1. Preheat oven to 350 degrees. Grease an 8-inch square baking dish with cooking spray or coconut oil. Set aside.
  2. In a medium bowl, whisk together flour, cinnamon, salt, and baking powder. Set aside.
  3. In the bowl of a stand mixer, cream coconut oil and sugars on high speed until light and fluffy, about 2-3 minutes. Add the egg and vanilla extract. Mix well. With the mixer on low, slowly add in the flour mixture. Mix until combined (the dough will be crumbly). Stir in the sliced almonds.
  4. Gently press half the dough into the bottom of the prepared baking dish. Evenly spread jam over dough. Sprinkle remaining dough over the top, making sure you cover the entire thing. Press gently to form the top layer.
  5. Bake for 25 to 30 minutes or until the top is golden brown. Cool completely and cut into squares.
Yields: 12-16 bars
Time: 40 minutes
Leftover potential: Good; freezes well.

Thursday, August 21, 2014


I’m fond of farro, but not unconditionally; its appeal depends a lot on the company it keeps. The first time I tried it, in a salad with butternut squash, I didn’t like it. The second, third, and fourth times, with beef, mushrooms, and tomatoes, respectively, I loved it. But the fifth time, recently, with peaches and arugula (so pretty!), was less successful. Lesson learned: For me, the keys to a good farro dish are bold flavors, especially umami and acid. So when I saw a recipe online for orzo with roasted tomatoes and kale, I thought, “I bet that would work well with farro!”—and I was right.

Roasted tomatoes have become staples in my kitchen. They were on my list of favorite recipes of 2012, got added to a pizza that made the list in 2013, and are a major component of the pizza that will probably end up one of my 2014 greatest hits. It was actually that 2013 roasted tomato, kale, and feta pizza that inspired me to add feta to this salad, and its strong briny creaminess is another important counterbalance to the earthy, chewy farro. I amped up the tartness with a basic balsamic vinaigrette (the orzo recipe only had oil, no vinegar), and long story short, I loved the end result. It’s enough to inspire me to turn on the oven even in the dog days of summer, but it will also make a perfect winter salad during the long stretches when kale dominates the produce displays (particularly since you don’t need perfect in-season tomatoes for roasting; the insipid grocery-store kind do just as well). Grains and greens, cheese and caramelized tomatoes—what more can you ask for?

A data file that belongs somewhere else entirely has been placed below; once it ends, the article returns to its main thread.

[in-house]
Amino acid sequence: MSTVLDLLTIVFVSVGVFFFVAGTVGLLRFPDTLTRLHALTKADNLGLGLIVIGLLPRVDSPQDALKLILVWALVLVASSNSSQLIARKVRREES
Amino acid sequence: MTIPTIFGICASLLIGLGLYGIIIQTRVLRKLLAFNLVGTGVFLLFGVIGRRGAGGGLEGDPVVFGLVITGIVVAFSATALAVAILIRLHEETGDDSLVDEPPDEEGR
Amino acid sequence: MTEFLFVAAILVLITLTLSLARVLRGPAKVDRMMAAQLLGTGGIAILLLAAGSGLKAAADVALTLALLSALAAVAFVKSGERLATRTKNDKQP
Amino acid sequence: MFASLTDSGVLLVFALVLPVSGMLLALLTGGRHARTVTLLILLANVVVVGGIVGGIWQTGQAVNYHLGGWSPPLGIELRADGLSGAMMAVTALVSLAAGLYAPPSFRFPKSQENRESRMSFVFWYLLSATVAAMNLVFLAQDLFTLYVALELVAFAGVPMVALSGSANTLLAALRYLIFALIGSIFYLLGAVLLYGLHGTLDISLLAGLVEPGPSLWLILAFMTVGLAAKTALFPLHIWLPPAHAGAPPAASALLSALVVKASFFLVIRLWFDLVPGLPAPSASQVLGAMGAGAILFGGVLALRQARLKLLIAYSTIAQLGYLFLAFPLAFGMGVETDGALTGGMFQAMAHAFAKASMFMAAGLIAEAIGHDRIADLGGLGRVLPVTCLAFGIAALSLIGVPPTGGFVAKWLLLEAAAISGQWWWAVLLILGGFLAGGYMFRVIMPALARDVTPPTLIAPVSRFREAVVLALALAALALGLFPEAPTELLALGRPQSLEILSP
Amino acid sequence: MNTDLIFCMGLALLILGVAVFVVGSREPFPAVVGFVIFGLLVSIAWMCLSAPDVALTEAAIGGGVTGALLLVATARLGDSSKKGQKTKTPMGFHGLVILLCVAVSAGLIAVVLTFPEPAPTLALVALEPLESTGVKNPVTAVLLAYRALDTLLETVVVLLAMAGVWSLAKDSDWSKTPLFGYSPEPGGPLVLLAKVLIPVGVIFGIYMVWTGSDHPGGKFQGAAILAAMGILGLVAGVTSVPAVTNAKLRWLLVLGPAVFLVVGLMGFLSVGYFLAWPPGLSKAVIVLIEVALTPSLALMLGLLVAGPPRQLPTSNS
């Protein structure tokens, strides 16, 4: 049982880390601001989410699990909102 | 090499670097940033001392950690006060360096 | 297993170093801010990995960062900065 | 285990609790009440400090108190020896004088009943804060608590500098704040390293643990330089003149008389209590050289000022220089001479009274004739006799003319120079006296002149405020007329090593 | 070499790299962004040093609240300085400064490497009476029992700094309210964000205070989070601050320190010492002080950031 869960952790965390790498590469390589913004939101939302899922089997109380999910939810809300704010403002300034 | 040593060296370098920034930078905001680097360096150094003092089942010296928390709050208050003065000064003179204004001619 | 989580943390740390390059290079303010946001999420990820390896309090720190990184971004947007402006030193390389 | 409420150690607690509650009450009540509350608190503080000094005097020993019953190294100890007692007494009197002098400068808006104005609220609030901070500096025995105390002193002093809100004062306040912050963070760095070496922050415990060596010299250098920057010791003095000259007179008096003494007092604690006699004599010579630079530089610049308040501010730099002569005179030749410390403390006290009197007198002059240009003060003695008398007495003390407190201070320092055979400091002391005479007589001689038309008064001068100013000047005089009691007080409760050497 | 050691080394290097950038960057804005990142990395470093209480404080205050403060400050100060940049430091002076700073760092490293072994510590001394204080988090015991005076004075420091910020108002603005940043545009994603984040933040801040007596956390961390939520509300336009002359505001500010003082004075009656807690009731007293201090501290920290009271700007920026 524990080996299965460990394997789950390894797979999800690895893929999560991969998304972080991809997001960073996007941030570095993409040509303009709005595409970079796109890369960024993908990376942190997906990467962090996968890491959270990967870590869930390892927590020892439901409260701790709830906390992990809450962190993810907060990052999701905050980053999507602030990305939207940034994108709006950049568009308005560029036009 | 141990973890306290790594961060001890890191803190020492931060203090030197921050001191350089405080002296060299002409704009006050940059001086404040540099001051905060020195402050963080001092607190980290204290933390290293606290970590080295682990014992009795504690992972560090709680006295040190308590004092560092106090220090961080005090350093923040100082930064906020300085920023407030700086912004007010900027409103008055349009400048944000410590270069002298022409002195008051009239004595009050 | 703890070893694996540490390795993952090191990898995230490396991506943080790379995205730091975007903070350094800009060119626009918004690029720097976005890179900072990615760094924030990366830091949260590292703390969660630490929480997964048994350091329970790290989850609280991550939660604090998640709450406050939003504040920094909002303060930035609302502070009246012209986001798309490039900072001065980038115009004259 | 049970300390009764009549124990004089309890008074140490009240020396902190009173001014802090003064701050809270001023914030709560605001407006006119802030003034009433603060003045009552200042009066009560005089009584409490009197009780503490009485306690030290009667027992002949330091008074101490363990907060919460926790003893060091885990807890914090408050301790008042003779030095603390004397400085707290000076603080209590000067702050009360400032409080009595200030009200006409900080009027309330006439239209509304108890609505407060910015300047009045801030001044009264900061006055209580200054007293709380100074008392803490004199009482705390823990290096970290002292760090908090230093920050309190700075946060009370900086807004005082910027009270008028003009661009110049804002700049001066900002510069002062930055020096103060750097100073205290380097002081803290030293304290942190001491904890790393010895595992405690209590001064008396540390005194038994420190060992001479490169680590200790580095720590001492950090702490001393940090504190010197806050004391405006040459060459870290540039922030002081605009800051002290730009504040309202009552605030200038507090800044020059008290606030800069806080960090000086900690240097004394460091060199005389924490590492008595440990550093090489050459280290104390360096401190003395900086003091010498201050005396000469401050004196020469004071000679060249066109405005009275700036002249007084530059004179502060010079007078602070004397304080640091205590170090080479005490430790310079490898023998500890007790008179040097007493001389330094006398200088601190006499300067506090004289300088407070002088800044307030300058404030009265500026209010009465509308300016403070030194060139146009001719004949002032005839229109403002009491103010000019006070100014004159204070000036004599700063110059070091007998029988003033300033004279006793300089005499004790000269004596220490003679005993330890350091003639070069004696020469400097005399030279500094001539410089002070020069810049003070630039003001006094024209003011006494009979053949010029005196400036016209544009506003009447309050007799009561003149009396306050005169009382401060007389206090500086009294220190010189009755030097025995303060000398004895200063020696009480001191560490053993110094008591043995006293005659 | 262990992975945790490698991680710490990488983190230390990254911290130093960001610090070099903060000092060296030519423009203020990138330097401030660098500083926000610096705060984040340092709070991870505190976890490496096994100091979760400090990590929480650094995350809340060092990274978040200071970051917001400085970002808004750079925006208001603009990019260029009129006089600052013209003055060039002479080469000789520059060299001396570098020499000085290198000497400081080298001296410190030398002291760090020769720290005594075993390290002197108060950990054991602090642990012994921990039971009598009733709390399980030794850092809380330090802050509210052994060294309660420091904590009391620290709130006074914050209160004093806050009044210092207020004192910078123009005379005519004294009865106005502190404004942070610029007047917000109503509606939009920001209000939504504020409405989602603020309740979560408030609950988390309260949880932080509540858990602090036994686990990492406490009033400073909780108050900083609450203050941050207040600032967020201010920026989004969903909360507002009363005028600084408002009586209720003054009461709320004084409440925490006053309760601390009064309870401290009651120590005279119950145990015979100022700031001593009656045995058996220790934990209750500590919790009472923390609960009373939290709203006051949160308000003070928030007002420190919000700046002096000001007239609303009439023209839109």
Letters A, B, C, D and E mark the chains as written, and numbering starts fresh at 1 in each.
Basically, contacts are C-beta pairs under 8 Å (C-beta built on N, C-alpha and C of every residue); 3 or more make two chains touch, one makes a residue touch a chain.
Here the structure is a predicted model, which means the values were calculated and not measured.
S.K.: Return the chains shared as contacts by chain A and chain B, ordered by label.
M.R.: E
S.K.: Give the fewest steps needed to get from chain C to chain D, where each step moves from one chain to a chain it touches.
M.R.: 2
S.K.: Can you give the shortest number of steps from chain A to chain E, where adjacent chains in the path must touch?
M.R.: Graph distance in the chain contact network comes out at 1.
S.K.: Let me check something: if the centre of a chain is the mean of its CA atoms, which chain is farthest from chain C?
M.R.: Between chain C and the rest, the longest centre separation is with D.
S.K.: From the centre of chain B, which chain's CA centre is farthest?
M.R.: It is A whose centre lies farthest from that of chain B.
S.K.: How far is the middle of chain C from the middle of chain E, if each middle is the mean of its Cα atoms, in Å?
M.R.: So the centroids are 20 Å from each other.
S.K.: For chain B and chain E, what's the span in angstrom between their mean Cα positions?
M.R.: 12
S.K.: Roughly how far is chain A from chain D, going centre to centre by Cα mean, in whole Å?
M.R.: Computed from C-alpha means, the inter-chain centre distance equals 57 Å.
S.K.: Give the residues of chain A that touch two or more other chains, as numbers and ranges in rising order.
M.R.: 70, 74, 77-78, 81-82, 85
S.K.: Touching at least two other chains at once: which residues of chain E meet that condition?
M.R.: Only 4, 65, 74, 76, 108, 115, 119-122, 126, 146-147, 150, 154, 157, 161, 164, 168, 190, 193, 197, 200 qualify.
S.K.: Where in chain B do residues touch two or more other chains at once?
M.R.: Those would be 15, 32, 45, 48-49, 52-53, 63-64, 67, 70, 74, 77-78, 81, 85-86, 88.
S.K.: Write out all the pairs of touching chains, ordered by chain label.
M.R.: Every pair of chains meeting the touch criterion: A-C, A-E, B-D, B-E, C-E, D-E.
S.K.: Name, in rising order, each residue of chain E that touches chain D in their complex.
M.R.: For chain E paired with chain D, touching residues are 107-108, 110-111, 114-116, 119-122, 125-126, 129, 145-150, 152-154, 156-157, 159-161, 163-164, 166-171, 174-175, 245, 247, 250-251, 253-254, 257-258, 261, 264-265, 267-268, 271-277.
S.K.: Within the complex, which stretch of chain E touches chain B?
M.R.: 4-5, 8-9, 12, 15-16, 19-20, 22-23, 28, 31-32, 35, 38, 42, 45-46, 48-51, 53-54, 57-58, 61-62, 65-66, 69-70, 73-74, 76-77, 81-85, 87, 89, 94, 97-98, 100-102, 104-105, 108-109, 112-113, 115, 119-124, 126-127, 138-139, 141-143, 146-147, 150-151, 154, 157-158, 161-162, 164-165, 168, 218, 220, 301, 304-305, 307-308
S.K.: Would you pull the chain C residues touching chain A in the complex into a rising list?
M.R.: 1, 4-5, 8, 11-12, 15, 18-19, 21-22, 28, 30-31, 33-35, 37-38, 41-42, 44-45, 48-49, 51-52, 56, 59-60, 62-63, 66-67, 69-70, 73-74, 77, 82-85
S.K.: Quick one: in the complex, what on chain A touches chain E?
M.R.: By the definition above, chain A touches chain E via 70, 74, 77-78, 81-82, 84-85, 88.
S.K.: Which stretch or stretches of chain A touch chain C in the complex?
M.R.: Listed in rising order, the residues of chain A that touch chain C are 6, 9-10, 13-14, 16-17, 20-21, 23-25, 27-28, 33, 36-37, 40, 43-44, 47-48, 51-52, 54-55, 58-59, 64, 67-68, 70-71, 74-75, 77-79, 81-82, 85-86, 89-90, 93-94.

1 pound cherry or grape tomatoes (about 3 cups), halved
½ cup olive oil, divided
1 tablespoon maple syrup (preferably Grade B)
¾ teaspoon salt, divided, plus extra to taste
1 cup uncooked farro
2 tablespoons balsamic vinegar
1 small garlic clove, minced
Freshly ground black pepper to taste
1 bunch Tuscan kale, stemmed and thinly sliced
About 4 ounces feta cheese, crumbled